Every month, Gmail clears the spam messages from Joy’s computer. There were 12,544 of them, That’s an average of 400 a day. It was an ordinary month.

As usual, we were very fortunate: Our email address won several lotteries and we only had to pay the requisite taxes in advance to collect the winnings. In addition, several remarkably wealthy relatives we had never heard of had died and left us enough money to pay off the national debt of Bhutan. We didn’t even have to attend a reading of the will, but could simply show our acknowledgement by depositing some “good faith” money in a bank account that the writer could access. It certainly was a heart-warming month – except for the loss of the relatives, of course.

Spam filters aren’t new, but Gmail’s “Priority Inbox” feature is; Joy just started using it. Google says Priority Inbox users are more productive. They spend 43 percent more time on important mail as opposed to unimportant mail. (Who are they to say what mail is unimportant? They miss a lot of contest winnings.) Priority Inbox users spend 15 percent less time on email, they say.

Joy’s inbox is divided into “Important,” “Starred” and “Everything Else.” She tries to answer most of the priority mail each day, and then archives the rest in a designated “priority” folder she created. After a quick glance over the mail in the “Everything Else” category, she puts a check mark next to anything that looks interesting and clicks “move to” to move it to her priority folder. Then she clicks “all” to mark the remaining mail and clicks “delete.” (Poof!)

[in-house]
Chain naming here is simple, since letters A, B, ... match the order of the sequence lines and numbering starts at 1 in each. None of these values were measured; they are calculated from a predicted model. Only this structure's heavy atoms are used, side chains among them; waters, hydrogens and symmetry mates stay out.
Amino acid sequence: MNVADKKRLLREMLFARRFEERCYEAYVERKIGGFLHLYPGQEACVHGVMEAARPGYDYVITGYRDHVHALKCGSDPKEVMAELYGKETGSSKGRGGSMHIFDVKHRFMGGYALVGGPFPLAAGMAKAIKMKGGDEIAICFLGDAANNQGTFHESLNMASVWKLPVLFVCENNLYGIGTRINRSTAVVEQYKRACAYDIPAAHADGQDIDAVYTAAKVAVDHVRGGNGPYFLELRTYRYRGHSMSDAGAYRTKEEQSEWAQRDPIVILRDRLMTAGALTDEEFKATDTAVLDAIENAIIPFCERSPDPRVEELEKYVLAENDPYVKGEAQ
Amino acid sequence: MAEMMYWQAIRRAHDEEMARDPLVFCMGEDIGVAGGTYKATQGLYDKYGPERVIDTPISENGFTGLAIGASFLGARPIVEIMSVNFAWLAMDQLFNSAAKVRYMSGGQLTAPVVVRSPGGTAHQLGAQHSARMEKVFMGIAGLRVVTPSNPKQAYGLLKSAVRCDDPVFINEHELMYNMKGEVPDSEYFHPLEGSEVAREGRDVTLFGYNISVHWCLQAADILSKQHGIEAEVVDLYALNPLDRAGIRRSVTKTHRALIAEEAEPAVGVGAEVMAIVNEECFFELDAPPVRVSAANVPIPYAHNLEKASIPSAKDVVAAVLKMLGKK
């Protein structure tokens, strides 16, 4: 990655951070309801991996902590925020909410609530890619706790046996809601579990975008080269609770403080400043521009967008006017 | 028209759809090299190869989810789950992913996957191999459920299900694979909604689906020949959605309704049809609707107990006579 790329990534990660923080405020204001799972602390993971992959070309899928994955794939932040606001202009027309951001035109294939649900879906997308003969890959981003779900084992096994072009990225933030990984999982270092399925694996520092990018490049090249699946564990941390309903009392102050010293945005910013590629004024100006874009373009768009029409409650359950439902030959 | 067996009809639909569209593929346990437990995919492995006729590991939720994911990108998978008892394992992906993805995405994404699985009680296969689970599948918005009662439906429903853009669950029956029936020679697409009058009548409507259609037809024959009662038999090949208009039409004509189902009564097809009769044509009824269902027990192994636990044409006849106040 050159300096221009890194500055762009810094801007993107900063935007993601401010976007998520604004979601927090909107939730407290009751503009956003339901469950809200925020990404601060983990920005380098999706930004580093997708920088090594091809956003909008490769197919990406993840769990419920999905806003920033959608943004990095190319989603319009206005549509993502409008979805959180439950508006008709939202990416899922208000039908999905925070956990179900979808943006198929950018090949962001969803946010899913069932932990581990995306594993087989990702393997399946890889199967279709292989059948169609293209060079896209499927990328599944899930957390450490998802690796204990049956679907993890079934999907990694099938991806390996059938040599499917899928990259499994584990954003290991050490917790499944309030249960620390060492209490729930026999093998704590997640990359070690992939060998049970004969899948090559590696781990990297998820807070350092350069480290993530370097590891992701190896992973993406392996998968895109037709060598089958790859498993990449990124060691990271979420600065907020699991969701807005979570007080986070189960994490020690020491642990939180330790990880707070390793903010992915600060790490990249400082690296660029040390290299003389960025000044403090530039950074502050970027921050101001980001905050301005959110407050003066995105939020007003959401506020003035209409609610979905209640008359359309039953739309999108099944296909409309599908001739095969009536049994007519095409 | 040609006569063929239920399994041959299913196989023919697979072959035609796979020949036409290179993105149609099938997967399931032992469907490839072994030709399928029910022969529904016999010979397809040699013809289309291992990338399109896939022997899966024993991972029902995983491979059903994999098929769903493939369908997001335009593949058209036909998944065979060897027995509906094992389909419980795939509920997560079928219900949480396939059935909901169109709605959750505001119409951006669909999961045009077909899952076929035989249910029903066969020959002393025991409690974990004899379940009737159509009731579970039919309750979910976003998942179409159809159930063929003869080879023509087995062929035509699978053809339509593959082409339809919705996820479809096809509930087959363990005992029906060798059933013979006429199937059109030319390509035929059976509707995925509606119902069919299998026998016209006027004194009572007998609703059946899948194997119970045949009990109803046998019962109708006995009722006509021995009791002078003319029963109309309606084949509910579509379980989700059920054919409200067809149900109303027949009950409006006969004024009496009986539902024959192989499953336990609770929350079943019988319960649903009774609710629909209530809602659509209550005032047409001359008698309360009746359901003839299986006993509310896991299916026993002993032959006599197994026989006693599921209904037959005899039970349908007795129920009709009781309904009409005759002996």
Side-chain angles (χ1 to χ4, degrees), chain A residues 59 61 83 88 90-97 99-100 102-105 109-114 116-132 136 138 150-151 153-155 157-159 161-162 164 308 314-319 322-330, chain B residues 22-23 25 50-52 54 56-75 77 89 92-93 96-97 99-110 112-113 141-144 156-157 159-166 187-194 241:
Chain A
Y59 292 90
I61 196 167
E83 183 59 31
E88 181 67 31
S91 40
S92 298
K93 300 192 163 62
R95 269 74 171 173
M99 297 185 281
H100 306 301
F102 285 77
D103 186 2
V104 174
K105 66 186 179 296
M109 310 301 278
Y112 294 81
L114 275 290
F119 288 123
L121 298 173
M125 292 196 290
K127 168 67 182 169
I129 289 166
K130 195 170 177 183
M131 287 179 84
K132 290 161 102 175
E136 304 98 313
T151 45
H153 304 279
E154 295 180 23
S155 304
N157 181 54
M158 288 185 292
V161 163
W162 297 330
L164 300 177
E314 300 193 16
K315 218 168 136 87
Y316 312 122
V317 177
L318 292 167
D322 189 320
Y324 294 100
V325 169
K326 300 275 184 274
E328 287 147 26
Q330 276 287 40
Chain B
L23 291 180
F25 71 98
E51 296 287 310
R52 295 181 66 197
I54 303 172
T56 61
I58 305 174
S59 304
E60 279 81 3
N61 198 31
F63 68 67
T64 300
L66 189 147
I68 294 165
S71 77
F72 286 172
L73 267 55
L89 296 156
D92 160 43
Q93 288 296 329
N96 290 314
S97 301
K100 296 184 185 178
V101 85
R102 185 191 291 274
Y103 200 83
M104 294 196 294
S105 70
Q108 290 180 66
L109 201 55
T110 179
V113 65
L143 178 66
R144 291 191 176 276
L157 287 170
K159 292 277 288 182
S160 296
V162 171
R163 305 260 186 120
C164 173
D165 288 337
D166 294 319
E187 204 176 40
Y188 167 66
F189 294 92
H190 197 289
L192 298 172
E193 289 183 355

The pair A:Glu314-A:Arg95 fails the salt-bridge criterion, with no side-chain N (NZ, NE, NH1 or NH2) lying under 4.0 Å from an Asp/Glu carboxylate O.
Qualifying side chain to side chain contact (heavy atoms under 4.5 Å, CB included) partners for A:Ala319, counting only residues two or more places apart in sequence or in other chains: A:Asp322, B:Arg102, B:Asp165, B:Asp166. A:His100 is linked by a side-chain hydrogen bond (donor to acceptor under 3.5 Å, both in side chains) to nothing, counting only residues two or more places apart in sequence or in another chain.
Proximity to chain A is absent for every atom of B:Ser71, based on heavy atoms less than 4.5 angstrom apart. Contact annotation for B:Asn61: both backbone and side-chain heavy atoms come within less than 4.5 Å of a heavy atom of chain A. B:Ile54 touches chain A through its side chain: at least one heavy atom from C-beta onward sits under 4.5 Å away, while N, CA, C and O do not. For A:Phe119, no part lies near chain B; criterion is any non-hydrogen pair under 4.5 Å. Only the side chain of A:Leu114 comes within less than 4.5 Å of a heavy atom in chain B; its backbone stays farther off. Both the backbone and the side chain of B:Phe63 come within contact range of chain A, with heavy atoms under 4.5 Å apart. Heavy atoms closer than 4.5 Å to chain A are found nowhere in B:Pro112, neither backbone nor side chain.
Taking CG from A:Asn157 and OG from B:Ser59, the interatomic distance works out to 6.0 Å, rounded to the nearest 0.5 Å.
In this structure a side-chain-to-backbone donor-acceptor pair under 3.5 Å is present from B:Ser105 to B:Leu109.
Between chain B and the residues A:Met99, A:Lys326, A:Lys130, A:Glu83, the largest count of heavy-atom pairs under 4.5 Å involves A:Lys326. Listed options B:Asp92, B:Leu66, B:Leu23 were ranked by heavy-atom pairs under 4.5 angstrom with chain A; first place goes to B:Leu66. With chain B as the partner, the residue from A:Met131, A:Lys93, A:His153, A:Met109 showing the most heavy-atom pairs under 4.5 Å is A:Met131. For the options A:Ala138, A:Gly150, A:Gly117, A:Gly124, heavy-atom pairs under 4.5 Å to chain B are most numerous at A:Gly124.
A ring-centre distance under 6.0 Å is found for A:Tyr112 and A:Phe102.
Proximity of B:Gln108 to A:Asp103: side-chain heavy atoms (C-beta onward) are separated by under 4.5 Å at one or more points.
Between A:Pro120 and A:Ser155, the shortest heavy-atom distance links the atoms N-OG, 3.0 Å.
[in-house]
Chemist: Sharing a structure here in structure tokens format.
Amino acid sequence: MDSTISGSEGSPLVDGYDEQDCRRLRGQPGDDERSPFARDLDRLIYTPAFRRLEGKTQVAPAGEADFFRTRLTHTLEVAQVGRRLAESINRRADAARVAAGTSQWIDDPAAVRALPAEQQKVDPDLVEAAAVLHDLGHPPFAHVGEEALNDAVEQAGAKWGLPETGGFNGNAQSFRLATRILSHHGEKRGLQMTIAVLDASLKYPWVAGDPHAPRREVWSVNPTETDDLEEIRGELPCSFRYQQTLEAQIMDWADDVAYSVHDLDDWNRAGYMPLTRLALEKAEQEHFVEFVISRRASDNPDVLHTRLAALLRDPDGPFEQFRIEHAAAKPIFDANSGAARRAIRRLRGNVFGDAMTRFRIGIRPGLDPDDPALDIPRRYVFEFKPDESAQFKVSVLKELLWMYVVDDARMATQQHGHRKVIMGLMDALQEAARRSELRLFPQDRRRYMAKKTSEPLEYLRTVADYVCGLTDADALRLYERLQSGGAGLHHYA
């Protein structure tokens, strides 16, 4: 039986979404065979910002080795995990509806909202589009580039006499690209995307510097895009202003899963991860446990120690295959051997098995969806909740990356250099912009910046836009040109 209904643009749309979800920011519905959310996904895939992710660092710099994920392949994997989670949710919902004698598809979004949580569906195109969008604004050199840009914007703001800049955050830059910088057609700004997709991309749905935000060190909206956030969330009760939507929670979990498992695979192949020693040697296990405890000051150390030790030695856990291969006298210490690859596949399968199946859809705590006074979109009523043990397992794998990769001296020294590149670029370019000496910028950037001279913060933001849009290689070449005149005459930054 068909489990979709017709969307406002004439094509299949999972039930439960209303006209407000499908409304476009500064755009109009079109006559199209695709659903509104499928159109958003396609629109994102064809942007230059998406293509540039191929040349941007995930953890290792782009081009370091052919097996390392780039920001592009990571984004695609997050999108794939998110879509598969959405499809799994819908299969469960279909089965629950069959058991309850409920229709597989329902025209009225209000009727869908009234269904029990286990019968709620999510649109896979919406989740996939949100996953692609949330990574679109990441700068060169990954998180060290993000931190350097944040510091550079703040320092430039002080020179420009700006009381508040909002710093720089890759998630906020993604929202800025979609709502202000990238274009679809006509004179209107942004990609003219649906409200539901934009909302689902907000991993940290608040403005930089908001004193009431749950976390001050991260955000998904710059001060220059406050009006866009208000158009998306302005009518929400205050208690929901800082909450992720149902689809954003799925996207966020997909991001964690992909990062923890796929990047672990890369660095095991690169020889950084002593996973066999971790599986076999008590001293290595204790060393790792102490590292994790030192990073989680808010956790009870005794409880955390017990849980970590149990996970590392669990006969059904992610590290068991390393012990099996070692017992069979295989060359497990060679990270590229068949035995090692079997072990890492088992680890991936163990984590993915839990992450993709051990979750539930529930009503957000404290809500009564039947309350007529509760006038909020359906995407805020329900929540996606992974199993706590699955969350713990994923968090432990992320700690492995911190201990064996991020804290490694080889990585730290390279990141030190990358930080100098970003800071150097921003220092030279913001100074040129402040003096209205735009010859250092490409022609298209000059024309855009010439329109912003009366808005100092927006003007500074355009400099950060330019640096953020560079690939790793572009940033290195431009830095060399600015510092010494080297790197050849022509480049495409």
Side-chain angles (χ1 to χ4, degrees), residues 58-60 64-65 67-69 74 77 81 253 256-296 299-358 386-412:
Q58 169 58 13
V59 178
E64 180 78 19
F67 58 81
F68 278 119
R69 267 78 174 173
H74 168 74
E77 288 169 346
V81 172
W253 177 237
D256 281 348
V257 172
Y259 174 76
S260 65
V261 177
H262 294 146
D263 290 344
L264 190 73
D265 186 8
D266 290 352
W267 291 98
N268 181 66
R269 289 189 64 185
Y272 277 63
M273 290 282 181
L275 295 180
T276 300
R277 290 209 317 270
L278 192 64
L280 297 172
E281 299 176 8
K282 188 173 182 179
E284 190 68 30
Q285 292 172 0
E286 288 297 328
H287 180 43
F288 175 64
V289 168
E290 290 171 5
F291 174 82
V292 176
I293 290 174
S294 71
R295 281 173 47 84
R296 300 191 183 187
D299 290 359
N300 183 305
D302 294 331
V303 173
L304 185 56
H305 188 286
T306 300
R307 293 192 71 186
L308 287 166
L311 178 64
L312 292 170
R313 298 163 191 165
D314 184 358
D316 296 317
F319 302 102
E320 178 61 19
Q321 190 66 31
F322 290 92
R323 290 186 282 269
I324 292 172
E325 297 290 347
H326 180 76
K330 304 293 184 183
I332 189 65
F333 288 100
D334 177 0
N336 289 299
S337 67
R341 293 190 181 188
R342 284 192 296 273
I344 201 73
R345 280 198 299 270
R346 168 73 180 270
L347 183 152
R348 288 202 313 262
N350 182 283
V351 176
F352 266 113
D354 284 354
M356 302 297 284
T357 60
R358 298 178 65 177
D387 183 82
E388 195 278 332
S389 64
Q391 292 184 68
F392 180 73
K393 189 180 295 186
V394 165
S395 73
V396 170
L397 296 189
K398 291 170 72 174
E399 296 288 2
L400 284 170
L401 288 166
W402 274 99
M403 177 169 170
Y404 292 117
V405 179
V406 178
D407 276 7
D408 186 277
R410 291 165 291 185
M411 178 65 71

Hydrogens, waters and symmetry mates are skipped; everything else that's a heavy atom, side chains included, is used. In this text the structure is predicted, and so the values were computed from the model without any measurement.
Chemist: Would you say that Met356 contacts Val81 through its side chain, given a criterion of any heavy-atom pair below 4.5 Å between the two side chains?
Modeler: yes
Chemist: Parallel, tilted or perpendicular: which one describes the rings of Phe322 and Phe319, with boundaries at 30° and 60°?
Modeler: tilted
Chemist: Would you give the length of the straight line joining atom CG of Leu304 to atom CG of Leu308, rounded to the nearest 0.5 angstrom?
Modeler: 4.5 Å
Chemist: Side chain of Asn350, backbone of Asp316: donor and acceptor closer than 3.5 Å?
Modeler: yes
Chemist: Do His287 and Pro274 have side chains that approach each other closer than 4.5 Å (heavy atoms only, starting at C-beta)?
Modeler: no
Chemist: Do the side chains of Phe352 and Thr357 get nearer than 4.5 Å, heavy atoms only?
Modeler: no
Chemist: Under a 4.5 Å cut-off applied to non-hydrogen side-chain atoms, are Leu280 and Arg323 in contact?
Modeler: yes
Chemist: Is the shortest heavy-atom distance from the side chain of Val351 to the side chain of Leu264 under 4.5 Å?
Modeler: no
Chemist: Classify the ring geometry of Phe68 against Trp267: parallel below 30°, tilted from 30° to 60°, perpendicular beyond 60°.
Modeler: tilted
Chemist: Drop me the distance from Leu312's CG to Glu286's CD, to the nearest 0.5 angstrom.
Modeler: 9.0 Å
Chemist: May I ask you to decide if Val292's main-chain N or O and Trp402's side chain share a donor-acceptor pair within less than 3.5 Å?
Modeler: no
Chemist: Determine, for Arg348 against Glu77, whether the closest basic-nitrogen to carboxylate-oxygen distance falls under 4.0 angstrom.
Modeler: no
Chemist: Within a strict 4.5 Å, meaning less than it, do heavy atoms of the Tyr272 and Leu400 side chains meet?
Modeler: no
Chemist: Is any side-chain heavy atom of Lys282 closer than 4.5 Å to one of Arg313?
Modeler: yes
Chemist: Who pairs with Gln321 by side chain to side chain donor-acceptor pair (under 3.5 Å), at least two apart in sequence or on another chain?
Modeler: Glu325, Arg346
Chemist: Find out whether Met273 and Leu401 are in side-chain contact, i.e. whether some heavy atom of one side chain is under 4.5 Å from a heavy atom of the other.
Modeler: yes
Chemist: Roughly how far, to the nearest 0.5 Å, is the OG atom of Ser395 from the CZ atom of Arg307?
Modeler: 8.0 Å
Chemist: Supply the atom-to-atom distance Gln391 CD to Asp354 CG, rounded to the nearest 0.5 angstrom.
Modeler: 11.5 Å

Bob isn’t using Priority Inbox. He likes to see a unified inbox and decide for himself just what’s priority and what isn’t.  Despite this rather cavalier attitude, the program learns from his actions by noticing what he deletes without reading or answering.

Ah, but one man’s (or woman’s) junk mail may be another’s path to fame and riches. If you hover over the yellow “priority” icon, you can read Google’s explanation of why some mail was marked priority. In some cases, it’s because of people’s names, in others because of key words. Often the mail is designated as priority because you corresponded with the sender in the past. Spam, alas, is slightly more difficult to define. You may be enchanted by constant offers to buy muskrat pelts or salami scented candles. If so, that mail can be saved.

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